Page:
Credit also needs to be given to the game’s multiplayer modes. The six paranormal-themed game modes are a bit of mixed bag, but generally they provide a decent array of online entertainment with a subject matter that we don’t normally see in videogames. ‘Survival Mode,’ for instance, is fast-paced and can be very exciting as hordes of ghosts descend on you, whereas ‘Thief,’ in which you have to guard relics from the ghosts, provides a nice variation on the standard ‘Capture the Flag’ mode.
If there had been a bit more time on the development side, it’s clear that Ghostbusters could have been a lot better. As it stands, it’s littered with inconsistencies. Sprinting feels a little clumsy and takes a fraction too long to kick in, the healing system is a peculiar one in which team-mates will happily revive you but not each other, and the some of the in-game cut scenes severely lack in quality in comparison to other parts of the game. As you approach the final two levels, in what surmounts to a total game experience of six to eight hours, you’ll know that you’ve experienced everything Ghostbusters has to offer and things really begin to get stale. The feeling that it wasn’t quite finished to the highest of standard and that there could have been more things done to make the gameplay more varied niggled away at us right up to its unimpressive conclusion.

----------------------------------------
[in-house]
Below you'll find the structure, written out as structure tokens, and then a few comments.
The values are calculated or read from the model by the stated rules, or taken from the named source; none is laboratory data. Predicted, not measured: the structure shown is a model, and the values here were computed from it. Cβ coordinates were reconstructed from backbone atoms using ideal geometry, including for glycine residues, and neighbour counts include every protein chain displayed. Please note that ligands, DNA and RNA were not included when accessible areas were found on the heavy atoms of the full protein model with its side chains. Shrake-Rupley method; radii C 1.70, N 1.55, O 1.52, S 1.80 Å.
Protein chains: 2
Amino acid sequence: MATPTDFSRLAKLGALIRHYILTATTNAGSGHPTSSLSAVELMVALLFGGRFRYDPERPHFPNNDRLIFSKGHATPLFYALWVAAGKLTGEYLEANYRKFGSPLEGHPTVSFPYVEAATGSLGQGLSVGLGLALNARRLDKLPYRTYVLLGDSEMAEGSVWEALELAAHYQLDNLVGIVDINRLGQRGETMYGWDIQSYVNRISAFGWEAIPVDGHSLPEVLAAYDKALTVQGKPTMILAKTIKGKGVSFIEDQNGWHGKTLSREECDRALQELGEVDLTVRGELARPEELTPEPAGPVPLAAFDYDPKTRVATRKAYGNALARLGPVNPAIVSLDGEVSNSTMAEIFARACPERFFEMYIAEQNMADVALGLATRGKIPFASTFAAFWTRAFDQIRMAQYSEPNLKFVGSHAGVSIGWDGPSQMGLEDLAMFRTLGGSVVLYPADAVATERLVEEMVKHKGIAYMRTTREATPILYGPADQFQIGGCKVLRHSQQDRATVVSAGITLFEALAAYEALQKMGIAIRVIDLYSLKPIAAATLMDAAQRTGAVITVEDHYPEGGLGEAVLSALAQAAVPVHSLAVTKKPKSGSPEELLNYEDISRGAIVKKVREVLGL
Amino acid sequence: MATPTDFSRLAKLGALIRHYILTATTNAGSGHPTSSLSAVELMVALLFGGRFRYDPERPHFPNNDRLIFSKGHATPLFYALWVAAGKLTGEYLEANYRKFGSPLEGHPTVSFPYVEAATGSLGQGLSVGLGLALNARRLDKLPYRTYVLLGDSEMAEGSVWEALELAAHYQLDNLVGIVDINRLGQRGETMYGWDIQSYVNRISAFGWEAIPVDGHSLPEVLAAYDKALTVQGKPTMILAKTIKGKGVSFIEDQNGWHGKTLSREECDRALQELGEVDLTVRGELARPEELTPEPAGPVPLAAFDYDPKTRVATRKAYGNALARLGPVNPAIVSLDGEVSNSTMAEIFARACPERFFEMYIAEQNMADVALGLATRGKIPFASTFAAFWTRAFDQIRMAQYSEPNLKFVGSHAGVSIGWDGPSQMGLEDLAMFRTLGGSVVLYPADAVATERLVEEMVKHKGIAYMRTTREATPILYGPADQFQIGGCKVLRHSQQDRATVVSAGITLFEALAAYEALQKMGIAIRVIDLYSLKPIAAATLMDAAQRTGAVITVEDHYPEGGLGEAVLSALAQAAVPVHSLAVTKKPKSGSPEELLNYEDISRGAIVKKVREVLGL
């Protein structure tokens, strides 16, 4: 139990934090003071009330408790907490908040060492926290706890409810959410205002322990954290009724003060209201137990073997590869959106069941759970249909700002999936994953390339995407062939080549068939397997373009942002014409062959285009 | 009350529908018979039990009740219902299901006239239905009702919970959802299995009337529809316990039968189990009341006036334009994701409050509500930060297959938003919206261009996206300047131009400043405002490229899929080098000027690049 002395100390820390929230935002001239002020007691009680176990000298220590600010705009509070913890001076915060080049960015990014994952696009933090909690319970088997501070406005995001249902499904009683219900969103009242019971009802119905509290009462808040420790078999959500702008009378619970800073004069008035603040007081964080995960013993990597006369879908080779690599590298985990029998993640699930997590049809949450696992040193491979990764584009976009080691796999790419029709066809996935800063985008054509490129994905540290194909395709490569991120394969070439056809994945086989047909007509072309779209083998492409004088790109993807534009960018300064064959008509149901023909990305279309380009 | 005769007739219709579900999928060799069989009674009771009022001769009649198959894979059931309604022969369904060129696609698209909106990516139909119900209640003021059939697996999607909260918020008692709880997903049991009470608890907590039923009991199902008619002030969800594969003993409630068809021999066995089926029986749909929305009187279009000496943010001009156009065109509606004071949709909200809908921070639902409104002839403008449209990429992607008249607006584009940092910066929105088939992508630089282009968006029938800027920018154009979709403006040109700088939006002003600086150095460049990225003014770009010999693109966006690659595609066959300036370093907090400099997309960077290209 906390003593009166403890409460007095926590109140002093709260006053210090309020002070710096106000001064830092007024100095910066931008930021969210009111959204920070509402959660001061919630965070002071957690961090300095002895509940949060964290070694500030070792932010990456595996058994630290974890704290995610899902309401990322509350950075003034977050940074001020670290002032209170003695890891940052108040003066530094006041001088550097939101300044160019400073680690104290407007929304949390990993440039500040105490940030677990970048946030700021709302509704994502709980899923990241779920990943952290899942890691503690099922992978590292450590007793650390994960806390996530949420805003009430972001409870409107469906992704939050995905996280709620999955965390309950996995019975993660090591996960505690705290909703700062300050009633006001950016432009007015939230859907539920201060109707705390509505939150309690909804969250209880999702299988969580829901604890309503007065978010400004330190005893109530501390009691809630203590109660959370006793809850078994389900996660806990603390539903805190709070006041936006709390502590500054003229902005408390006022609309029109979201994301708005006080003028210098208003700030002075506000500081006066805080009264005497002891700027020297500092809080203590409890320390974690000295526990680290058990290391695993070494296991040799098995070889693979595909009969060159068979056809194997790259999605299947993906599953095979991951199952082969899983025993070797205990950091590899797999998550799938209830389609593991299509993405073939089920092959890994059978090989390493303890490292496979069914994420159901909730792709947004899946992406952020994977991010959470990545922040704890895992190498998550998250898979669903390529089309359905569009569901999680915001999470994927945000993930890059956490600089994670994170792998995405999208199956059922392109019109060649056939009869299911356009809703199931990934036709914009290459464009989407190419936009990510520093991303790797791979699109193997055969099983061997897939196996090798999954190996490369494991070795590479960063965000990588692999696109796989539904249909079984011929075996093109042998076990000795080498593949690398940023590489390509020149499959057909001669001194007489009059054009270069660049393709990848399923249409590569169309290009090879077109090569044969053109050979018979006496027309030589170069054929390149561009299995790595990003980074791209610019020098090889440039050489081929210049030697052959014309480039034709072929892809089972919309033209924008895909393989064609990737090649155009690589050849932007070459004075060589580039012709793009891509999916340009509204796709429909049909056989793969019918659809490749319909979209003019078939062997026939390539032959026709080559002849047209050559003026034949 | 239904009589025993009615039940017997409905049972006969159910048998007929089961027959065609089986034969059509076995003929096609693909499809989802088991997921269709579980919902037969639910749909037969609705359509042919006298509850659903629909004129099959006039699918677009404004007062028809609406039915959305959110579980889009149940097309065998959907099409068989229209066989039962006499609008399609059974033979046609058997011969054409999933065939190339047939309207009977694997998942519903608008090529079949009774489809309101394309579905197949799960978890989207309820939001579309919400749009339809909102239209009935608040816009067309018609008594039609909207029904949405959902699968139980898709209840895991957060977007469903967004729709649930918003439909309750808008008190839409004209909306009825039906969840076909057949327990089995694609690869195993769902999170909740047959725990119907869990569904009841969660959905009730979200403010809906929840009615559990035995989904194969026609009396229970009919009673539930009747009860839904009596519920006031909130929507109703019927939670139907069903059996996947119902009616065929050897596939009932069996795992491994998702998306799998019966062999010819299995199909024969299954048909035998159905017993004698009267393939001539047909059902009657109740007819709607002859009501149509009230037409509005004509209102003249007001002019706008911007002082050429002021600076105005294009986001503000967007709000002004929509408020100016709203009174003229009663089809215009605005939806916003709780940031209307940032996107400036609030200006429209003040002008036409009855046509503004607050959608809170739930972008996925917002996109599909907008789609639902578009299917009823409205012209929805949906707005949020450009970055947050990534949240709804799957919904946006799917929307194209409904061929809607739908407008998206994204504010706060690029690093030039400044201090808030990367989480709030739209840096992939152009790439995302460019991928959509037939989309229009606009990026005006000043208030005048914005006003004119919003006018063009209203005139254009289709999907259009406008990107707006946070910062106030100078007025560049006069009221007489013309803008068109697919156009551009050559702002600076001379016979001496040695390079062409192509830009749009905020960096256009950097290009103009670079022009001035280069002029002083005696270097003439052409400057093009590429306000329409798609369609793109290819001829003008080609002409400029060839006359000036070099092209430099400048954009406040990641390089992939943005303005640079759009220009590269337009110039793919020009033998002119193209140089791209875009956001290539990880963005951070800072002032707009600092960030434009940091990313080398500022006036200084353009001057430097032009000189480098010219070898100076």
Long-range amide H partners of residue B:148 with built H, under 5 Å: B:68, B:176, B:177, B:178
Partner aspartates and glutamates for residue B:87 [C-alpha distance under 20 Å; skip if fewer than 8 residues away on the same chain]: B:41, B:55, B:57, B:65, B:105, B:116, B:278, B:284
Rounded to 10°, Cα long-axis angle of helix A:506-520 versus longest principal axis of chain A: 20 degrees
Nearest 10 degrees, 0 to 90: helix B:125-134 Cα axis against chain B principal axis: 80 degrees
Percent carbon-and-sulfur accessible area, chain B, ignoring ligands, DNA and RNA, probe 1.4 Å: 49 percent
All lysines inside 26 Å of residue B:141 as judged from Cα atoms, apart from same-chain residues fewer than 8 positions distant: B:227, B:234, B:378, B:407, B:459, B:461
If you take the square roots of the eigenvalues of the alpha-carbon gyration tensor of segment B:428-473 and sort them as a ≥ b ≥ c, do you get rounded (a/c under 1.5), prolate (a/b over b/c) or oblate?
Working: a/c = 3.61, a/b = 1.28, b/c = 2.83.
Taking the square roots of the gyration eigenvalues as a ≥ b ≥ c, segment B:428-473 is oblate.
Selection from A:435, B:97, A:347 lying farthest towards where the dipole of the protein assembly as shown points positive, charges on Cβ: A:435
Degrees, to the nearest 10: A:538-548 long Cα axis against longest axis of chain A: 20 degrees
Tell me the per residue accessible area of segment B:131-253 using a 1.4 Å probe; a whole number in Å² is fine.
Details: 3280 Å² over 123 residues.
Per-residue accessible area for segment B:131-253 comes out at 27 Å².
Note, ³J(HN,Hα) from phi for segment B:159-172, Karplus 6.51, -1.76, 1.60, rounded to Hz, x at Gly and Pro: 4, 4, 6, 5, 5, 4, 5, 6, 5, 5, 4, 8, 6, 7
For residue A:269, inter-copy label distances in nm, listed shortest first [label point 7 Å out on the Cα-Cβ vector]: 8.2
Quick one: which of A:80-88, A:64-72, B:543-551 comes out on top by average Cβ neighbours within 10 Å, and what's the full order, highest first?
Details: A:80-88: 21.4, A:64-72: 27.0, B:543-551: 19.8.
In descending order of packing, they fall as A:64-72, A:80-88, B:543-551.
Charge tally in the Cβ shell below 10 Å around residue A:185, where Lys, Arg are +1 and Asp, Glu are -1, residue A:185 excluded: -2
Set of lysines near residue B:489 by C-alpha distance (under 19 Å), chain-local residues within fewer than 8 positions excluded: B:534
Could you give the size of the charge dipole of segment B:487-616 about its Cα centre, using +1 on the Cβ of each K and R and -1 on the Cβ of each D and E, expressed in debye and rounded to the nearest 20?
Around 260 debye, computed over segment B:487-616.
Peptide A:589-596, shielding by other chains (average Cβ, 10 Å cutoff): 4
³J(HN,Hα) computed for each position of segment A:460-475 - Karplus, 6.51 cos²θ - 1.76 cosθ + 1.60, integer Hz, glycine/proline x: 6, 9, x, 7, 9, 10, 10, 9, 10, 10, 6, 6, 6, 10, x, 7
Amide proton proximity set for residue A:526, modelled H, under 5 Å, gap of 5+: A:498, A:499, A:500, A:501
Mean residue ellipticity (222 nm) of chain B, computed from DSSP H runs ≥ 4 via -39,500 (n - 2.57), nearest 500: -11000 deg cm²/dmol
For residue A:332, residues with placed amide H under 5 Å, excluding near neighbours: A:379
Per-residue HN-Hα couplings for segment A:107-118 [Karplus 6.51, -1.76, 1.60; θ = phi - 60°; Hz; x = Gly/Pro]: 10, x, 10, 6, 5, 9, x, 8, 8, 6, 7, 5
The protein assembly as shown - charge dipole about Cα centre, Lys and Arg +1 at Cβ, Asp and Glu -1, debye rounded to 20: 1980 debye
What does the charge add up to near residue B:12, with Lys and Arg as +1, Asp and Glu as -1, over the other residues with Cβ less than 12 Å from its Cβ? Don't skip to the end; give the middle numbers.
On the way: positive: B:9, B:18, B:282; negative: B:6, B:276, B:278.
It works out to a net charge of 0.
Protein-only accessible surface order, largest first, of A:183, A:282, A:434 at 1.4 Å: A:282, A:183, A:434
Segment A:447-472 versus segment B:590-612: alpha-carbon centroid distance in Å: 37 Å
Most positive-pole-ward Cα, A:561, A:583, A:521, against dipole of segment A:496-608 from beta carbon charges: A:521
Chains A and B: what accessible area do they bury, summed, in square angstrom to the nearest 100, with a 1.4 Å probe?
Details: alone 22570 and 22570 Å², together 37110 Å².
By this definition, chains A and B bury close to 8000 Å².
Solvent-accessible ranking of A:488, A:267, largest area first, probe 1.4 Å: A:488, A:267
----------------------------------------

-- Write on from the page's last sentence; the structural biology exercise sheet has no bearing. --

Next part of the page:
Despite our negativity, we wouldn’t want you to go away thinking Ghostbusters isn’t worth playing. That would be doing the game a grave injustice. While we’d be lying if we said that Ghostbusters will be a title that we’ll still be talking about in the coming months, it’s worth letting you know that we did have fun while it lasted and its subject matter provided a refreshing alternative to fighting soldiers and zombies. The ghost trapping mechanic is enjoyable, and the array of mischievous ghosts are fun to do battle against. With its familiar soundtrack and voices, plus some generally impressive visuals, fans of the movies will enjoy Ghostbusters: The Video Game even if they do get a little bored before the end.